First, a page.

The skewed perspective of a conservative Catholic employee-side employment lawyer living in the most exciting city in the Milky Way, Las Vegas, Nevada USA, who listens to a lot of really strange music and who, for some reason, lives and dies St. Louis Cardinal baseball

2/26/2005

Converts v. Heretics

There’s a new ol' saw making the rounds of the blogosphere: "I've heard it said that the Right is looking for converts and the Left is looking for heretics." The above phrase is becoming a cliché because, like most clichés, it contains an element of truth. The question is: why is this decidedly so?

In part, it is because of the underlying institutions upon which conservative and liberal thought have been built. Conservatism is built on the foundation of the church. Churches are, by nature, evangelical. Rarely are churches closed communities. They send out missionaries. Missionaries may have strong beliefs about what is right, what is wrong, what is proper, what is improper. But missionaries do not aim to convert by name-calling, or an immediate demand for rigid adherence. They build bridges, find the common ground, and then enlarge the community.


The Left (which in my opinion has ceased being "liberal") has built its foundation on the academy. Academia is probably the major institution in America most hostile to free, unfettered speech. Academics rarely try to convince someone to adopt his or her position. They lecture. And in modern academia, it is often a uni-directional lecture from the Left. Outside speakers are drawn from a shallow pool of leftists, with an academic fraud like Ward Churchill more likely to get a speaking invite than a mainstream conservative (a label the Left refers to as "extremist").

Academic administration actively seeks to silence alternative viewpoints, ironically in the name of diversity. Rather than trying to broaden minds, academia has adopted the position that students exhibiting particular traits are entitled to an environment free from distress, challenge or disagreement. Agreement is assumed and disagreement is punished. With low grades. With banishment from the tenure track. With the Administration-permitted theft of non-conforming newspapers. Sometimes with Administration-ignored physical intimidation.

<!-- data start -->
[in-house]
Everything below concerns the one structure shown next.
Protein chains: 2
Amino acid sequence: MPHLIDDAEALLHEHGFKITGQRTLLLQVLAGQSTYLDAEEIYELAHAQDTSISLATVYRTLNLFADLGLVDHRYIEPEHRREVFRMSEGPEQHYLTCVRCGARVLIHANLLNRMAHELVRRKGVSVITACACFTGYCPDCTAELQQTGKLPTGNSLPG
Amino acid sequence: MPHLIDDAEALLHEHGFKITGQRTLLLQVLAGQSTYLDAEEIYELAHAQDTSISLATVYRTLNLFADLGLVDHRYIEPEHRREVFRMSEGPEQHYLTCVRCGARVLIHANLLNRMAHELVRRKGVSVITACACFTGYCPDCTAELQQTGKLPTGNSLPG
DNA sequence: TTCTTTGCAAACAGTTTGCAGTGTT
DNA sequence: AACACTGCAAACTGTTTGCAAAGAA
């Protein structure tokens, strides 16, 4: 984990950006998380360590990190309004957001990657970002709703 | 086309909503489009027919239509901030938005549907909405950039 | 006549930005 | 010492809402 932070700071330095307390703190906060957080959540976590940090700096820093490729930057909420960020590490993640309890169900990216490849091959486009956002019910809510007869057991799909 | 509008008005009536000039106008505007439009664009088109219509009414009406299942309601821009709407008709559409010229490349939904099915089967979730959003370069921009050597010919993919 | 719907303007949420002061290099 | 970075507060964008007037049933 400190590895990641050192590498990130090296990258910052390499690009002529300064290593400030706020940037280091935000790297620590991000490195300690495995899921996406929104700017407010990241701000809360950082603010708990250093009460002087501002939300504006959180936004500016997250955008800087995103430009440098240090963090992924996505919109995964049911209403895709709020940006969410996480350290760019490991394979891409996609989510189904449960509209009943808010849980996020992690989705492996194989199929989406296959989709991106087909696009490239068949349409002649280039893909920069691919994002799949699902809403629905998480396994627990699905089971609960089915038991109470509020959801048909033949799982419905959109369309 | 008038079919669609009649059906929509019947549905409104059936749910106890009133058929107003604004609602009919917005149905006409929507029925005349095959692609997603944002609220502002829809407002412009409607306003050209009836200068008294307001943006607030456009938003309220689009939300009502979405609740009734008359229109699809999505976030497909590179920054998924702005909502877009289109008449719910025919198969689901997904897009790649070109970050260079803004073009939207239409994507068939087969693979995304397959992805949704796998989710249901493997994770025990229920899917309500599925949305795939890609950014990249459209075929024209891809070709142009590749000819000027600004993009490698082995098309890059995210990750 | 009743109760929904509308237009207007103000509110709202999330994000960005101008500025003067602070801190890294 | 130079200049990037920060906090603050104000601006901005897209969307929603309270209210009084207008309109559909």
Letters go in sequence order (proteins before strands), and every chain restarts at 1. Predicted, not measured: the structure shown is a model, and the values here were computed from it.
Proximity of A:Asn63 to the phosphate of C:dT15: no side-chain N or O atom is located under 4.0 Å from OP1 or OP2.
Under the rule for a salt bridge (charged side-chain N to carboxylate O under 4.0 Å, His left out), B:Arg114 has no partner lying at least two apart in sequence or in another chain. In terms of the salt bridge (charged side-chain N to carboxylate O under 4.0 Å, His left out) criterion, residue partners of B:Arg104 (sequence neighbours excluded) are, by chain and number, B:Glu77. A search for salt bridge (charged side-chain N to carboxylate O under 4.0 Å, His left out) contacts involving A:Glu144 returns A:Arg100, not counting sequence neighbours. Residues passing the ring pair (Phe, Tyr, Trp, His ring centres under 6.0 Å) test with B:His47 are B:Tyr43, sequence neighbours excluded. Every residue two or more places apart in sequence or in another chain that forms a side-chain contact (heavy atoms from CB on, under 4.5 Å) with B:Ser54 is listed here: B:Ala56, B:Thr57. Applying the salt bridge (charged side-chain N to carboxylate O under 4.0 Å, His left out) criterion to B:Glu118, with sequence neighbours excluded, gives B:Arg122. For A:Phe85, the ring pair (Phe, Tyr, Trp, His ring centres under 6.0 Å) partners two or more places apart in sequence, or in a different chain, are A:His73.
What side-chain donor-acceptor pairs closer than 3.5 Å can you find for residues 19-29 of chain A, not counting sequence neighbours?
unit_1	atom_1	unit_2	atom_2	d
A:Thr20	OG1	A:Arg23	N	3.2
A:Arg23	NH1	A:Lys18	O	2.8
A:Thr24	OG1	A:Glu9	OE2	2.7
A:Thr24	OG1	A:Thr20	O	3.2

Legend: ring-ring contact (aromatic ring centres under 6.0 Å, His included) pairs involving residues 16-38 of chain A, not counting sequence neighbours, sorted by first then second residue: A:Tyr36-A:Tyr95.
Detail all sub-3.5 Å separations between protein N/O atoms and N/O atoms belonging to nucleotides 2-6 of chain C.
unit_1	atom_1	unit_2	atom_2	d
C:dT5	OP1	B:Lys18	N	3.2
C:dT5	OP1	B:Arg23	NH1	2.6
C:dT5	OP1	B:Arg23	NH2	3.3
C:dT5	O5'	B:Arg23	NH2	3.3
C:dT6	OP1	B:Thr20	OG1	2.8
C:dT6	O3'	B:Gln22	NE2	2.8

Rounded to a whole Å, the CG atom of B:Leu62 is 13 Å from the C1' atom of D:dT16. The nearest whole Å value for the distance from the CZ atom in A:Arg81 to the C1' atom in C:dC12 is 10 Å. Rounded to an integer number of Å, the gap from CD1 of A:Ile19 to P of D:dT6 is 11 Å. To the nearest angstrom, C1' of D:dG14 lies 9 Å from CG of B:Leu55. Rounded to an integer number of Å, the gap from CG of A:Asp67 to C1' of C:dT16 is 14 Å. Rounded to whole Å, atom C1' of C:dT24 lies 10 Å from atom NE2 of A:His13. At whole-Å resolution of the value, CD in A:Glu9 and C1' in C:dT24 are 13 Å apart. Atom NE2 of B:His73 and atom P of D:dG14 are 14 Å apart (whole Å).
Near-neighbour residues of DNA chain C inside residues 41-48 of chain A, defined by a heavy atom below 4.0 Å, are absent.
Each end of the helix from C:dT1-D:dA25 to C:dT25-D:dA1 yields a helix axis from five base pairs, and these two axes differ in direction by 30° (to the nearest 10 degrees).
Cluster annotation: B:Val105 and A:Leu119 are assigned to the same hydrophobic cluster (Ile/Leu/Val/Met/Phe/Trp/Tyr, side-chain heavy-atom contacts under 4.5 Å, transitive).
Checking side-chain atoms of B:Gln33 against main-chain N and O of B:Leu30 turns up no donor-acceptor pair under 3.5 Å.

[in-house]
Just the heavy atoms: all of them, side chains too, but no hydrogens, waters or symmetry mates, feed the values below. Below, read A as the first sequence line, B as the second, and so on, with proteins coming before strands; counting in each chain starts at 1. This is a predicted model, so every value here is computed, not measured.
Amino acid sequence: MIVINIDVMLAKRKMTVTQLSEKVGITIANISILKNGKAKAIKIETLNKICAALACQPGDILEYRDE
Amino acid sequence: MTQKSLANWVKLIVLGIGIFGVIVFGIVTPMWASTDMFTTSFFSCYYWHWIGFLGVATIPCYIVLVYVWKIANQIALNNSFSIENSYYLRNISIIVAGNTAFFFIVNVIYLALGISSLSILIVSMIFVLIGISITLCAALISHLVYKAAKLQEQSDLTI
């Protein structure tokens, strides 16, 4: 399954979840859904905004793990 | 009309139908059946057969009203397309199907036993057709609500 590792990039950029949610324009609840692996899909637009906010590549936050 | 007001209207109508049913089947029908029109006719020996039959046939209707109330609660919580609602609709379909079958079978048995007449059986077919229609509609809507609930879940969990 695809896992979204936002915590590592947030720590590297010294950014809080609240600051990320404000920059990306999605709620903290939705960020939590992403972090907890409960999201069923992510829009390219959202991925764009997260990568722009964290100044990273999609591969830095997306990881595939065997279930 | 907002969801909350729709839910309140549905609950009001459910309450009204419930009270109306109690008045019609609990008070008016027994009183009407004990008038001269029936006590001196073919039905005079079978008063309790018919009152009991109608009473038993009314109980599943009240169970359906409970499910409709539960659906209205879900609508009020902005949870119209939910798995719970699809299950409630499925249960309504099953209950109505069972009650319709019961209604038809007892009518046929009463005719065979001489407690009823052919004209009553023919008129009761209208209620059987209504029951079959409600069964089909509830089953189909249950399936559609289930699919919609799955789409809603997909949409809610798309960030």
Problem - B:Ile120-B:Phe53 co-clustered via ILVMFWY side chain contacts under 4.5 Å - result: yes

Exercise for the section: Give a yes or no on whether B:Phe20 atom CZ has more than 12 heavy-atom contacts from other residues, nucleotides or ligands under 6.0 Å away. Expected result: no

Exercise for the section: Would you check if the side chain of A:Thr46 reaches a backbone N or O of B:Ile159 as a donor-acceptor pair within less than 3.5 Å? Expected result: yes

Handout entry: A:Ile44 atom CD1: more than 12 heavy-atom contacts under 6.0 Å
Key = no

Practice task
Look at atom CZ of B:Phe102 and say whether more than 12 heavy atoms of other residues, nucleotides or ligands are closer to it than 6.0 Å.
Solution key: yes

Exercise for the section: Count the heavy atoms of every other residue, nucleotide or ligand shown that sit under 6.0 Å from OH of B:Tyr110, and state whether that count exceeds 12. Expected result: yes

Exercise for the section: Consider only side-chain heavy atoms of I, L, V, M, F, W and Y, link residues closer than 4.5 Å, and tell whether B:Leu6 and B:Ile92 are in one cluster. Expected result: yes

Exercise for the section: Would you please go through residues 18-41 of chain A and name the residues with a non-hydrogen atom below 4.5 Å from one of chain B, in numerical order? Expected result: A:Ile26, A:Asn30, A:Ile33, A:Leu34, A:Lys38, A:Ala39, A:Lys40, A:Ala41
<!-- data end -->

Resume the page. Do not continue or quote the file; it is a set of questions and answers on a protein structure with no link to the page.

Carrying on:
Given these two distinct climates in each side’s base institution, is it any wonder that we are witnessing such a huge difference in attitude toward outsiders? I don’t see any institutional forces on the horizon to change either side’s outlook.


Addendum: When liberalism was the dominant force in American politics, roughly from the 1932 election of Franklin D. Roosevelt, to the end of the Civil Rights Act with the election of Richard Nixon in 1968, liberalism was the faith-based political philosophy. It was grounded in the New England puritan idea of the perfectability of humanity through community action. It is no accident that the civil rights movement was born in southern black churches. Conservatism was based on mercantilism. It may have sought victory, but it did not then seek conversion. Times have changed.
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